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'Mouth-taped' India Cricket Captain Harmanpreet Kaur Joins Footballer Erling Haaland, Tennis Star Iga Swiatek's Club

Harmanpreet Kaur, captain of the India women's national cricket team, is among elite athletes advocating for mouth-taping, a breathing technique that helps improve endurance and general wellness

India women's team captain Harmanpreet Kaur (L) with Renuka Singh (R) in training
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What’s common between Manchester City superstar Erling Haaland, World No. 1 tennis player Iga Swiatek and India cricket captain Harmanpreet Kaur (except they are all elite, widely followed athletes)? The trio is among the proponents of nasal-breathing through mouth-taping – an increasingly popular technique sportspersons across many disciplines the world over are adopting at training and beyond. (More Cricket news)

The benefits of mouth-taping are manifold. Athletes typically adopt it to improve endurance, considering breathing through one’s nose requires more effort than doing the same through the mouth. The usefulness of the practice ranges beyond athletic gains, too, and includes enhancing general wellness.

Harmanpreet is arguably the first active India women’s cricketer to practise, and extol the benefits of, mouth-taping at the international level. While batting at the nets during India Women’s ongoing home season, featuring England and Australia, which began last month in Mumbai and Navi Mumbai, she has been spotted taking throwdowns and facing bowlers at training with her mouth taped with a white strip several times.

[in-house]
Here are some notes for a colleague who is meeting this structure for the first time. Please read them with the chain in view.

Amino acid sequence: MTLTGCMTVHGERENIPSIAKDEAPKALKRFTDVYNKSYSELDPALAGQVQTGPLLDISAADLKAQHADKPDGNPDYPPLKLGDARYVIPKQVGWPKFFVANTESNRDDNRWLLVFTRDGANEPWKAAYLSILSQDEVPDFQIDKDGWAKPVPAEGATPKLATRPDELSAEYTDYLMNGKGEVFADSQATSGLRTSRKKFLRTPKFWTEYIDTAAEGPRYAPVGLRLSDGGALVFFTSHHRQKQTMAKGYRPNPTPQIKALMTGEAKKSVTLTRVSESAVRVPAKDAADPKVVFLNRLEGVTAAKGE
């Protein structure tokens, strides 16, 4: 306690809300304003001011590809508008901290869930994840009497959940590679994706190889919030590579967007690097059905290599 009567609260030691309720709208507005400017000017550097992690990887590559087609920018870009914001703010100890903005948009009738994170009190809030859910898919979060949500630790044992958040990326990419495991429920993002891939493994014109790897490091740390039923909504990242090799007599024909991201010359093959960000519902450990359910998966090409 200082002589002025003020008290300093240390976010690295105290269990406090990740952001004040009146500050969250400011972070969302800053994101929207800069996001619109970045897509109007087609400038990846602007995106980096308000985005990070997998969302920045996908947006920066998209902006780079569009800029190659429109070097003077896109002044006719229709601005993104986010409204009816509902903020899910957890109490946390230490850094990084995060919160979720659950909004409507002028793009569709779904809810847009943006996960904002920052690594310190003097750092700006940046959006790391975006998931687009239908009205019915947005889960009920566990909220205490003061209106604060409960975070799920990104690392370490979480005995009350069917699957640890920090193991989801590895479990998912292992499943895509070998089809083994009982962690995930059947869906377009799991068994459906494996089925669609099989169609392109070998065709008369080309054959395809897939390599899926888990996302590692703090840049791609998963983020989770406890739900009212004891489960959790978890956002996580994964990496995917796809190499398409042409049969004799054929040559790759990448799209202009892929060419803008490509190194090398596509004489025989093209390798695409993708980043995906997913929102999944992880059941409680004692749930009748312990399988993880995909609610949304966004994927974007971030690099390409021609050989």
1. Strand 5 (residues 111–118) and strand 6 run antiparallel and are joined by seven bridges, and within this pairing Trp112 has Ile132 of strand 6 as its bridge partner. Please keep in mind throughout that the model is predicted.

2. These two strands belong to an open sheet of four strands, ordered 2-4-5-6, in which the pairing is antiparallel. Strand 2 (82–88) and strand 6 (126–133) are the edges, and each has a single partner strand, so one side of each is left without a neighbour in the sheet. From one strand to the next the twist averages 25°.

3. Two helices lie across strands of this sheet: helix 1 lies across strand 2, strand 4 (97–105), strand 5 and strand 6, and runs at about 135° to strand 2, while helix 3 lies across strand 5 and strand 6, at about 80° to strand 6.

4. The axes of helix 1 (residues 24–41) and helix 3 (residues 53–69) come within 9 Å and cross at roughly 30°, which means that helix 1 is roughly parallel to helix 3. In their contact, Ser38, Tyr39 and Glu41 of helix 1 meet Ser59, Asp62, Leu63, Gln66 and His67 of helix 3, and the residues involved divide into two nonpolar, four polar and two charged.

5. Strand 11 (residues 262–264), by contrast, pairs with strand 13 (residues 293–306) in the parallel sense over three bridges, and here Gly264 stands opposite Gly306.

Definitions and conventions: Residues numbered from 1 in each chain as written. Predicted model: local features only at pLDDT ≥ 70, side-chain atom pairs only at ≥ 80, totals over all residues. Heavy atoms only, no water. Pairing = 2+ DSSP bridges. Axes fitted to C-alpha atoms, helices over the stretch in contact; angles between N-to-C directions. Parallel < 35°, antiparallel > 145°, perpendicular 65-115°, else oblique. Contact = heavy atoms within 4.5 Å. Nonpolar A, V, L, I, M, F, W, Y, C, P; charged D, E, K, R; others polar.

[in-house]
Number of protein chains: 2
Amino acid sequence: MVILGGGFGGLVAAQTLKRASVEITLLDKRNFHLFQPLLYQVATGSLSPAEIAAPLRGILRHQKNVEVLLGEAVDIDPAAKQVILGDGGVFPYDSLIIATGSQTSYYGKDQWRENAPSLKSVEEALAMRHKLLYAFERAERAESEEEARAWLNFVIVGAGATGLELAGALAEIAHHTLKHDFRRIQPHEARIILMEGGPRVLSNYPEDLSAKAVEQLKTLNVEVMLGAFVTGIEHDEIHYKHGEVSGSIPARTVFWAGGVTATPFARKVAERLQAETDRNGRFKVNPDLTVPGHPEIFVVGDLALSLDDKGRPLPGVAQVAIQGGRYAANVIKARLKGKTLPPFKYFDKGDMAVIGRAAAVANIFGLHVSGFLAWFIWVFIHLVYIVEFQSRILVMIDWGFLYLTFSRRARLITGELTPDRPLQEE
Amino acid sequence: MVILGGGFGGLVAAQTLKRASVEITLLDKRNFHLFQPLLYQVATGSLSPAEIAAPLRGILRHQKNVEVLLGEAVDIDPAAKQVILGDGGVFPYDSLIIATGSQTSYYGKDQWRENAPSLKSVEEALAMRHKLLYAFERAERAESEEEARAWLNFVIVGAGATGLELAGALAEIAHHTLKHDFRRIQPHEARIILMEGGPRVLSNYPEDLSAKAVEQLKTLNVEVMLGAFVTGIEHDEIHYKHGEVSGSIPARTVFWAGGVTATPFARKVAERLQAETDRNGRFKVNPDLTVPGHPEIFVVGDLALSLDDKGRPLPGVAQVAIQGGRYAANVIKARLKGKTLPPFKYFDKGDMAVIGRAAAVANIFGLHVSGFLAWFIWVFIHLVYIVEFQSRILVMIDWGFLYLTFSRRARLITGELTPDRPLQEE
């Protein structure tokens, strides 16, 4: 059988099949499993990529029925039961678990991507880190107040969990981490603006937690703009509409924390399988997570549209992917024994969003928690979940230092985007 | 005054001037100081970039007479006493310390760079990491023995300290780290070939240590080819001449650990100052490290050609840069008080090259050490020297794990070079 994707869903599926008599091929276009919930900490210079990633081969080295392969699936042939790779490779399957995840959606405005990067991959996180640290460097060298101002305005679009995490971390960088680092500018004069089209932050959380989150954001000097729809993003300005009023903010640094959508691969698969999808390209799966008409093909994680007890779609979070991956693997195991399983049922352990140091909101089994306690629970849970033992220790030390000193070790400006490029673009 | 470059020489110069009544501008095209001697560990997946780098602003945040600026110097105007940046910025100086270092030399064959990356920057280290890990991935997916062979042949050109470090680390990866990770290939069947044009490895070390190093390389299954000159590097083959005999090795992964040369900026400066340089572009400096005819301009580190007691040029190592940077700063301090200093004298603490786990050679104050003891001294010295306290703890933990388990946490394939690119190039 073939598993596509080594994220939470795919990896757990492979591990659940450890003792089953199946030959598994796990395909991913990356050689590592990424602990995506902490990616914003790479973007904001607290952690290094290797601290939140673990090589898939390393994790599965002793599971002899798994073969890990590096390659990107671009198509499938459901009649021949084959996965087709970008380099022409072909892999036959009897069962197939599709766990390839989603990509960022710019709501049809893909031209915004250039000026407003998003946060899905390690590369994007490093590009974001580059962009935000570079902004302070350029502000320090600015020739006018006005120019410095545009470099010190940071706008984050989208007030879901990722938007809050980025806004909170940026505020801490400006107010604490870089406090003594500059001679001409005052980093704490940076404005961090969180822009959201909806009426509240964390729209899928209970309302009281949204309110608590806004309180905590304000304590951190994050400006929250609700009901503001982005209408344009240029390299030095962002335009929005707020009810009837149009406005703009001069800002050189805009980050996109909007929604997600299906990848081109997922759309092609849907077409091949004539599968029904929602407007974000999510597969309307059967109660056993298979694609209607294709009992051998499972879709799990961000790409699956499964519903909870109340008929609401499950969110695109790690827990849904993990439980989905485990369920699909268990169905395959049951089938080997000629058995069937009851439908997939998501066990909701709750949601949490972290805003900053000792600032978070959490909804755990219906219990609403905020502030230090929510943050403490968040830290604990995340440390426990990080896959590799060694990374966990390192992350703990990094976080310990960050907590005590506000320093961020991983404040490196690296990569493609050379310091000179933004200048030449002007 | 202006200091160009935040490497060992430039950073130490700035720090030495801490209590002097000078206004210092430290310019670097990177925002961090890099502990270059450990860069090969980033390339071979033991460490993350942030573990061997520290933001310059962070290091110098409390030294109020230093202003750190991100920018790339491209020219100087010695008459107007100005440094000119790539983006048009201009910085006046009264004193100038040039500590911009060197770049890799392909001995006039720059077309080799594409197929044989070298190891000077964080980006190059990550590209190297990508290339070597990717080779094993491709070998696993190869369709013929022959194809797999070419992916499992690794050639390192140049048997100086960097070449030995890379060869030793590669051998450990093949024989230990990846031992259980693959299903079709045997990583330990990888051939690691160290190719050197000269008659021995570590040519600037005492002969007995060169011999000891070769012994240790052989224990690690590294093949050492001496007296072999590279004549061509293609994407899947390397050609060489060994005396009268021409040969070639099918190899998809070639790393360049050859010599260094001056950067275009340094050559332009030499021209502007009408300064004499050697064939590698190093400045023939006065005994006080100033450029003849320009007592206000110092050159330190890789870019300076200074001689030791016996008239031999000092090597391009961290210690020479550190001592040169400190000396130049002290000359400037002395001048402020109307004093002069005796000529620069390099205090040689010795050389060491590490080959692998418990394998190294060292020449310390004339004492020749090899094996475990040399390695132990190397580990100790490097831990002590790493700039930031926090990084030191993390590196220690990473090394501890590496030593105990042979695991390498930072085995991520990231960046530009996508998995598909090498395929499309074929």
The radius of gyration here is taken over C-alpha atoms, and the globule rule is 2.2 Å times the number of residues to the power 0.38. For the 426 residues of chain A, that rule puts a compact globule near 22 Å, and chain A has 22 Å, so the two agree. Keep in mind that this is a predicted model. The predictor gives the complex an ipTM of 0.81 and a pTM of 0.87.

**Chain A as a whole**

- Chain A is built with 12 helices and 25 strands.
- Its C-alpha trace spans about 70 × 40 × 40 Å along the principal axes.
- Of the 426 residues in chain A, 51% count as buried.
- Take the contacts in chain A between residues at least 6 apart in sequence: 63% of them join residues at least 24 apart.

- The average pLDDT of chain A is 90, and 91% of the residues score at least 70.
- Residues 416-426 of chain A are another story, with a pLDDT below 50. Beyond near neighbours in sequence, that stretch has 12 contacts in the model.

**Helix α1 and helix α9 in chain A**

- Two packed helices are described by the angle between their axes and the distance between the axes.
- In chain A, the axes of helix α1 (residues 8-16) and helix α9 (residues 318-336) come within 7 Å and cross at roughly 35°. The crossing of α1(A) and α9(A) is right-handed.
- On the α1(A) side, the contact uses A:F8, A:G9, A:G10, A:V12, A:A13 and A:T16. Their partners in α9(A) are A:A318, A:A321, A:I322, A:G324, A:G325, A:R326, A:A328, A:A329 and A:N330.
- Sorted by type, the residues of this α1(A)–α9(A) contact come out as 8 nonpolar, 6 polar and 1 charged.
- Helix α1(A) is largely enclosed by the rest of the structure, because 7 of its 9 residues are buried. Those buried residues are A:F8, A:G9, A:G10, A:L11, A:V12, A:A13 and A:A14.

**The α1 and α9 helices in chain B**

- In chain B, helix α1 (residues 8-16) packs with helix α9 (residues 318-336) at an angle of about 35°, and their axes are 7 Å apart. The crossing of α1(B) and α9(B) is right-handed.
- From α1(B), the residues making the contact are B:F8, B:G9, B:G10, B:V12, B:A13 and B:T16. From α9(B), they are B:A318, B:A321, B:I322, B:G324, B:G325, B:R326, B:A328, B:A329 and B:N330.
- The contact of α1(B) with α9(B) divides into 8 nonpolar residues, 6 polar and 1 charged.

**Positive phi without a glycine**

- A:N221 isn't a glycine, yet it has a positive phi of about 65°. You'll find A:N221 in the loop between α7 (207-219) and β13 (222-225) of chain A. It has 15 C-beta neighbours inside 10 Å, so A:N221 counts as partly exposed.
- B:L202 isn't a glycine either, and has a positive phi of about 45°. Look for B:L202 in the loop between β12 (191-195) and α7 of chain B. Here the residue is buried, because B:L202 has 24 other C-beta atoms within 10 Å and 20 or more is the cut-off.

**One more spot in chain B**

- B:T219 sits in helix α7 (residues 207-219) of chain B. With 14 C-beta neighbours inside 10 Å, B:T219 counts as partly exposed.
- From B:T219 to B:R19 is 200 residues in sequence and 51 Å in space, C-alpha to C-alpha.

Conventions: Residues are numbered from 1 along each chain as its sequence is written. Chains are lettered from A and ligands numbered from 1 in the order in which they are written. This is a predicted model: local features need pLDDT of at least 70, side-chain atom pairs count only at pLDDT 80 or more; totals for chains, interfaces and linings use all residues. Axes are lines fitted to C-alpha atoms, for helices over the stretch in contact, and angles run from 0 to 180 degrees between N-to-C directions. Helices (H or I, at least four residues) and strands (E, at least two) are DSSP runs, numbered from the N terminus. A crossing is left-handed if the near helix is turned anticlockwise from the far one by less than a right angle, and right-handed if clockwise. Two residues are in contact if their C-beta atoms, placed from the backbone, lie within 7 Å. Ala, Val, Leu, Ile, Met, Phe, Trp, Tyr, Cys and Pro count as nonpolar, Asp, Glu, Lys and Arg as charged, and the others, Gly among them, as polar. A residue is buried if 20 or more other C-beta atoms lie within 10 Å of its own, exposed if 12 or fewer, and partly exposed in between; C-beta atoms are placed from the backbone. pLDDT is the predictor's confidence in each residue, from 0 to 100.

More often than not, the 34-year-old batting all-rounder has been seen resorting to the tape closer to the end of her batting sessions, which usually last anywhere between 30-45 minutes overall per day. On Friday, the eve of India’s T20I series opener against Australia at the DY Patil Stadium, Harmanpreet revealed that she has reposed her trust in the technique for several months now not only at training but also during bedtime.

“I have been following that method for close to a year and a half now because I have this natural habit of breathing through my mouth, which is not good. So, my [personal] fitness trainer, Sagar Diwan, advised that I try this method out,” Harmanpreet said in response to a question from Outlook India. "I mostly try it out at the nets, but also when I am at home, I put a tape on my mouth, and even while sleeping, so I can breathe through my nose. I think that helps me a lot. That's the only reason why I tape my mouth.”

International breath-training coach Patrick McKeown told The Athletic last September that the practice was not a new fitness fad or sleep hack. “We’ve have been taping mouths for 25 years,” he said. Both Swiatek and Haaland have, however, played an indisputable part in mainstreaming the conversation as have TikTok videos and a growing canon of books on the subject. Joining the duo in the burgeoning line of top-drawer athletes to adopt the method is Harmanpreet, who was named on TIME magazine’s 100 Next and the BBC’s 100 Women line-up in 2023.

“Whenever I used to train with my trainer, Sagar, he would point out my tendency of inhaling through my mouth, and how it's not advisable to do so for not only athletes but non-athletes, too. He advised that when I am batting or doing anything in general, I should consider putting a strip of tape on my mouth, because it would create a better flow and process overall with my breath – both when inhaling and exhaling -- and that it could improve the clarity of my mind and aid in decision-making,” adds the Indian women's team captain.